Google Translate: Friend or foe?

Google Translate app enables smartphones to translate signs, menus and more into English.
Google Translate app enables smartphones to translate signs, menus and more into English.

Google's widely used translation service is now more fluent in Turkish and seven other languages thanks to advanced software described as a 'neural machine' tool. The company's biggest leap has already inflamed discussions in translator groups. Some say it is overrated, as the need for translators will remain

As we progress towards the 21st century, we continuously face issues related to machinery and robots that have begun to affect our daily lives. Will they replace us? Or, will they help us in whatever line of work we're involved in? Ten years after the Internet was invented, Google Translate dropped a bomb on the translation world. Will neural translation replace normal translation? Will all translators soon be out of a job? Well, the answer is a definite no, but let's take a look at the progress in neural translation and what it may change in the near future.

Google Translate is not a new concept. On the contrary, it's been in our lives for the past 10 years or so. Especially in English-Turkish terms, it has been the subject of many jokes and derogatory comments, such as "Did someone translate it by Google Translate," which was an insult a month ago, but now with its recent update, it has awed many of us. Now, it is actually "usable" as it has started using neural machine translation.

But what does that mean for mankind?

Neural, as we all know means related to nerves. Despite its futuristic connotations, neural technology is not something unheard of. It just means that now Google's server analyzes sentences as a whole unlike its previous version that analyzed texts piece by piece. The concept has a wider scope, including broad search capabilities and search engines based on context provided by the user, making it more like a human translator's work.

Now, if the text is very simplistic, like an academic article, you are likely to get smoother and easier to understand texts. So how did Google achieve this?

First of all, this new system is based on data that live translators have already uploaded into the system. So, unlike before, first there is a massive amount of data uploaded, and with the new addition of a prediction technique based on previous searches, the results are much more reliable than before. The processors are modeled after the network of neurotransmitters in the human brain. The newly advanced, calibrated processors analyze certain cues and make comparisons to more accurately translate texts.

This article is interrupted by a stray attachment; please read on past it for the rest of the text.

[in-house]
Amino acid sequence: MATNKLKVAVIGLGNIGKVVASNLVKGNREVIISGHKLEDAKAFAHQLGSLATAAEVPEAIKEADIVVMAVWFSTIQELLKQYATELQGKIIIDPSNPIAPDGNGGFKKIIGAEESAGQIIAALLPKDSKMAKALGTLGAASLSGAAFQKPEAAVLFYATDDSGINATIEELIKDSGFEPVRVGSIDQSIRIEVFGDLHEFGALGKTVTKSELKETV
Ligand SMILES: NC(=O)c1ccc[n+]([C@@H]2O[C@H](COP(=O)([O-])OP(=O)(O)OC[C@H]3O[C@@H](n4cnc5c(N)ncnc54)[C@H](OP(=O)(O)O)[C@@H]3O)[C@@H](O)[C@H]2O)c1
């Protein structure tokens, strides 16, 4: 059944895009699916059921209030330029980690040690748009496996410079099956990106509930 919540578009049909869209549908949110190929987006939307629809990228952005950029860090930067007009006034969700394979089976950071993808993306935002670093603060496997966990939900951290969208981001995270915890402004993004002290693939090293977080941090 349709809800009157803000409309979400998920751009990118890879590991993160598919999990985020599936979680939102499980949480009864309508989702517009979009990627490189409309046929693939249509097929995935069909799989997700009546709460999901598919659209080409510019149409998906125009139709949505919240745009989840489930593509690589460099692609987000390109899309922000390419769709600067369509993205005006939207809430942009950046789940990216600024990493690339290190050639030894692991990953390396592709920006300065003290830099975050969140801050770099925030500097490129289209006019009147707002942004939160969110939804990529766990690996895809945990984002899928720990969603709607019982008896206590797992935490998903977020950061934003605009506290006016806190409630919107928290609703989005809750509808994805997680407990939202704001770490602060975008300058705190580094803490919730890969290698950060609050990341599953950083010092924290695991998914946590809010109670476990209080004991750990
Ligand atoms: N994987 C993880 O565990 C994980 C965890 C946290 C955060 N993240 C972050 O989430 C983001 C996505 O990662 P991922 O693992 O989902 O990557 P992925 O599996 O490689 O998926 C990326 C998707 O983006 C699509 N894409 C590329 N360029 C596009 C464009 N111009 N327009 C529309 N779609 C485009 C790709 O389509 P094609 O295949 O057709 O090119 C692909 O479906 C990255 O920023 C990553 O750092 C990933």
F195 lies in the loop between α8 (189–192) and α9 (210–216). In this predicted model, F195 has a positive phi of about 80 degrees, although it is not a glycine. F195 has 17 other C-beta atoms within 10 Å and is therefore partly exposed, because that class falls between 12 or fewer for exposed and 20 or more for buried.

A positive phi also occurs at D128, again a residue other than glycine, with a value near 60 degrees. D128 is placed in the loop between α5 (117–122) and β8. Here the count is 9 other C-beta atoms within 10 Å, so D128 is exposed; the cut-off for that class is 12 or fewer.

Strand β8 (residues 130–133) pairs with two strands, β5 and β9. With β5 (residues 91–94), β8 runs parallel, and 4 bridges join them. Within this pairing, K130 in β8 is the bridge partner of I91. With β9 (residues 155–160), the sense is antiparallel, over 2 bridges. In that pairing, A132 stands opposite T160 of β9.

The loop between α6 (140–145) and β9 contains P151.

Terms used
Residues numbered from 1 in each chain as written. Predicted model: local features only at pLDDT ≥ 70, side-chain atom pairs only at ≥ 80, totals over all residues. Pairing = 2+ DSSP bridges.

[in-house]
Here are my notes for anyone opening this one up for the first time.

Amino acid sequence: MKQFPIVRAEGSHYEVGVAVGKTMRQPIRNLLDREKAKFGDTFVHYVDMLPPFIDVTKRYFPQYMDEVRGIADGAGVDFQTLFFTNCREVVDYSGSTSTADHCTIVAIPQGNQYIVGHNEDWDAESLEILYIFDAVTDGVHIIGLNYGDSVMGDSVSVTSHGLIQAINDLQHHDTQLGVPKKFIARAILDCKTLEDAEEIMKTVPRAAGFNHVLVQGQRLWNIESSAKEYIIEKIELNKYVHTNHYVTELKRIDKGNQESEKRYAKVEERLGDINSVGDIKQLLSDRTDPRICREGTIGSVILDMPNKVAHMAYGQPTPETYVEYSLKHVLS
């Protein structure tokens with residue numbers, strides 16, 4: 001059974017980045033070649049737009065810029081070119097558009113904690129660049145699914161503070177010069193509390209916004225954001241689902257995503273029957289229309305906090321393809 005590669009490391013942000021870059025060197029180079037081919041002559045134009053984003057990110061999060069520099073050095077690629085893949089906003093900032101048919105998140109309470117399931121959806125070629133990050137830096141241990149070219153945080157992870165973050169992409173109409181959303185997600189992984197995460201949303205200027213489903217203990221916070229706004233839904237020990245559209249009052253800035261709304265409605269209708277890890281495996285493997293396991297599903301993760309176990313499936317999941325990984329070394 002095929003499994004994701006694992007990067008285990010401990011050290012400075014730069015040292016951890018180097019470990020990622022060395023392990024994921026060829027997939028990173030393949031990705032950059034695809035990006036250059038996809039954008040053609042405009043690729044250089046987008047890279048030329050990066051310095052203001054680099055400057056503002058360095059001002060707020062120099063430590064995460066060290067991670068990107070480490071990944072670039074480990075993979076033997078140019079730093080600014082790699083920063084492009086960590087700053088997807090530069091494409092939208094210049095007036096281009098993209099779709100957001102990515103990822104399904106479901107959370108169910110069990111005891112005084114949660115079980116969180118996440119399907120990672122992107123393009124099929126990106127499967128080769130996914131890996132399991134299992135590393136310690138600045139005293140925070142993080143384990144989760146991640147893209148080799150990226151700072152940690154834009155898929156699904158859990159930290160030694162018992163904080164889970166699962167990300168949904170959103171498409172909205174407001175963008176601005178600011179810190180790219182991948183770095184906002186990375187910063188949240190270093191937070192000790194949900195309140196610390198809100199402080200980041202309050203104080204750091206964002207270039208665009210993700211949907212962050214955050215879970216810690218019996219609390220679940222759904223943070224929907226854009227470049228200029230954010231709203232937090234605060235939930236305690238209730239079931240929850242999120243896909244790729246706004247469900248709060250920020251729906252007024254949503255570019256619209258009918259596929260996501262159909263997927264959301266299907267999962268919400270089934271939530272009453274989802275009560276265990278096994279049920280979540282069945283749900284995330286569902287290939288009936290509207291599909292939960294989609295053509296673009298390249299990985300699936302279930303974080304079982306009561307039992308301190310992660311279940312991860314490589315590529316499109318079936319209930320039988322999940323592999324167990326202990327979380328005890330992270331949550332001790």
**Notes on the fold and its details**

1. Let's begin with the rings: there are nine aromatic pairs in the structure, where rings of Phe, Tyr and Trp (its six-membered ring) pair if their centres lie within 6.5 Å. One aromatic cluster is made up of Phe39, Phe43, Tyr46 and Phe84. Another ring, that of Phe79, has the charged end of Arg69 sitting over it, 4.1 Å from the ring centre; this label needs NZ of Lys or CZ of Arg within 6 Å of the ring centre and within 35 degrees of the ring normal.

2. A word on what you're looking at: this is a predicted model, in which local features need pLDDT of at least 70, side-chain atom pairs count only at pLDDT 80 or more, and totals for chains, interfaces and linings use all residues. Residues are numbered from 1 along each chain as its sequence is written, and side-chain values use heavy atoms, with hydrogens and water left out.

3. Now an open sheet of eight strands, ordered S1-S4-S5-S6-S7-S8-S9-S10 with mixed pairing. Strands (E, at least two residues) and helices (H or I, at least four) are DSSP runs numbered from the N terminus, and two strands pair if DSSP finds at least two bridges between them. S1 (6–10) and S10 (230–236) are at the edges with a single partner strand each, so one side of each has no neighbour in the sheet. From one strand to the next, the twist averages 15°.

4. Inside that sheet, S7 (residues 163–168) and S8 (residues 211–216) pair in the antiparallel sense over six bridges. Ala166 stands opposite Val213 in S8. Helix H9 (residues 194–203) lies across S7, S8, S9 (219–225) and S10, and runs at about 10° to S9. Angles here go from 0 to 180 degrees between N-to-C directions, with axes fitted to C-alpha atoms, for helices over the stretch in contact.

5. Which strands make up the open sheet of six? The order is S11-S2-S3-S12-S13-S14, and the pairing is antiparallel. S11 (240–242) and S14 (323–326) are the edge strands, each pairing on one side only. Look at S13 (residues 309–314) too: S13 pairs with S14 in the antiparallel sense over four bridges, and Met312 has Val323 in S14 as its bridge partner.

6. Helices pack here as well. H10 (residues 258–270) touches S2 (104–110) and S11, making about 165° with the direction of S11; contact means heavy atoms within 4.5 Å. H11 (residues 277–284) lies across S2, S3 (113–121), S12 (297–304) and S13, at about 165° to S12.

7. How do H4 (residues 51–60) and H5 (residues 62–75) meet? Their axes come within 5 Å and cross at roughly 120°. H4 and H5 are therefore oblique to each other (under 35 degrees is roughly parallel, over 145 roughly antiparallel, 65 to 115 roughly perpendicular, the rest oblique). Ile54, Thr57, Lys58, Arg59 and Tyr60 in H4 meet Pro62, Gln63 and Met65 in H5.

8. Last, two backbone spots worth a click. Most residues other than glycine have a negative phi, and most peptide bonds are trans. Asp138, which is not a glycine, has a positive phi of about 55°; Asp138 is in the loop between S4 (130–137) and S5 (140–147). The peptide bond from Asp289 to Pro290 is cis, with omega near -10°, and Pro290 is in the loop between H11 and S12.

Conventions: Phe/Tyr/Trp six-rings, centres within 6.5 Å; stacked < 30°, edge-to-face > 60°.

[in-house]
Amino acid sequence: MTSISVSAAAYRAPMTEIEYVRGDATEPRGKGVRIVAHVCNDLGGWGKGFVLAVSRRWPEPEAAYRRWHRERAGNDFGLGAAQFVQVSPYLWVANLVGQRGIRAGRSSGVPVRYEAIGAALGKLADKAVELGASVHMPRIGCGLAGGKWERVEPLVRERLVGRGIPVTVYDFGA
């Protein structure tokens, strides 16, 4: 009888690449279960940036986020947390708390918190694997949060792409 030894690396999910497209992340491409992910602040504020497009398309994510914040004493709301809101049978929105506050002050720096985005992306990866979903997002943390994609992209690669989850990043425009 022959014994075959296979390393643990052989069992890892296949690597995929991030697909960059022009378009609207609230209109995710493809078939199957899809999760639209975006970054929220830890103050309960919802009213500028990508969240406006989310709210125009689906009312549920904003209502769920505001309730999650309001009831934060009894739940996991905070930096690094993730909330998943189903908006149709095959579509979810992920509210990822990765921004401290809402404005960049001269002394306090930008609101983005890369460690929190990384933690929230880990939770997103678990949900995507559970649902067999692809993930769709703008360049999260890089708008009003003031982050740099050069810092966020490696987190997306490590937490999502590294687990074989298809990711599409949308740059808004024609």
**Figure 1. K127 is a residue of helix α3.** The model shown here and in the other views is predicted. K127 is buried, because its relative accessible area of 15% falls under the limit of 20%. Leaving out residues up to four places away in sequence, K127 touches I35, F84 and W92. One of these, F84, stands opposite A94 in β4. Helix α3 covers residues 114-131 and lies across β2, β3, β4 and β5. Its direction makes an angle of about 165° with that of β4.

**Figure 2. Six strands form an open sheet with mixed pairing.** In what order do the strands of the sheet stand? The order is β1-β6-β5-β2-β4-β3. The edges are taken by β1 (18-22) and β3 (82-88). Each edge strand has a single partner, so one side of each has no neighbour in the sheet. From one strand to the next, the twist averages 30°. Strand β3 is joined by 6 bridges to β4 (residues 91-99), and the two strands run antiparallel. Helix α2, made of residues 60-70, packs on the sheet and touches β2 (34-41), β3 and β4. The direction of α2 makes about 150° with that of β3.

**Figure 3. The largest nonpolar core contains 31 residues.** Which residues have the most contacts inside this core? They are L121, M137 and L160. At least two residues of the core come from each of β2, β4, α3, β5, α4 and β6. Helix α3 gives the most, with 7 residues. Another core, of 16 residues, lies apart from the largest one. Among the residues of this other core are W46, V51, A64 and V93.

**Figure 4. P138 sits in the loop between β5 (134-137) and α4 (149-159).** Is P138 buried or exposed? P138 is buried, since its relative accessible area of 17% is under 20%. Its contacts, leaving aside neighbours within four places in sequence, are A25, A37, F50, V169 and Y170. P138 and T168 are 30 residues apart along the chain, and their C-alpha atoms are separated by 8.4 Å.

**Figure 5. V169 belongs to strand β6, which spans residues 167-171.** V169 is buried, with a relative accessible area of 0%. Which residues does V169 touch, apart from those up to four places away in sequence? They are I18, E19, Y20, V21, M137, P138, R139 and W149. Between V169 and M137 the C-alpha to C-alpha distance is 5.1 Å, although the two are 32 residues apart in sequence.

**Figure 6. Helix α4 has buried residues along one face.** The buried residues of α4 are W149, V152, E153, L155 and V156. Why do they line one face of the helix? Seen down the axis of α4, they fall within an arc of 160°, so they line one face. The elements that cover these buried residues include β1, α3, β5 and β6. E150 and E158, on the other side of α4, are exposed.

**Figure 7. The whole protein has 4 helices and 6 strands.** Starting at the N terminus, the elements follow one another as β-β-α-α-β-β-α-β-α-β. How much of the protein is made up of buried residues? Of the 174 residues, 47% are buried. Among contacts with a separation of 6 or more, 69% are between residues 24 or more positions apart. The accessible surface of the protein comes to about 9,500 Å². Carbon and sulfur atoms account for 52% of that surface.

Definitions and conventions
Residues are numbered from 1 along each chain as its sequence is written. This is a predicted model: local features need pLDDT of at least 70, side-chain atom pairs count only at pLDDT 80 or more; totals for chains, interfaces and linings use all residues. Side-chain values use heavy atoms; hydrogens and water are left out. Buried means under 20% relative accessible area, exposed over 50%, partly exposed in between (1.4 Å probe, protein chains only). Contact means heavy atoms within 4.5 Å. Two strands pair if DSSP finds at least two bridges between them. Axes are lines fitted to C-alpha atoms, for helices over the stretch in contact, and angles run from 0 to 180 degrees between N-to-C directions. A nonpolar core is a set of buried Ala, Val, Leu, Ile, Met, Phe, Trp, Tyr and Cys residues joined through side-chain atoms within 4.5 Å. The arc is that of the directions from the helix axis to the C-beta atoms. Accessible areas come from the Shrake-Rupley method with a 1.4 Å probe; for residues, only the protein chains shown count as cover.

Google Translate currently supports eight languages: English, French, German, Spanish, Portuguese, Chinese, Japanese, Korean and Turkish. Translation makes up 35 percent of all Google searches and Google plans to expand its services to include 103 languages in the future. The plan is to implement all remaining forms of communication that you can find in Google Translate. As a hobbyist linguist, I am quite excited by this news and hope that it begins to include other languages very soon.

While it is capable of translating accurate texts, when it comes to idiomatic expressions or casual language, it is still of no use. Along with ignoring anything it doesn't comprehend, its database doesn't provide proper translation when it comes to literary, poetic or everyday language. As language changes every day, it may be very hard for Google to catch up, and this "update" is probably very far from what is needed to knock human translators out of their professions. While we may benefit from robots or automatic updates more and more in our lives, language - something we humans need in our lives - is hardly to become robotic, save for maybe a few label translations that may keep us from drinking or eating something we wouldn't prefer.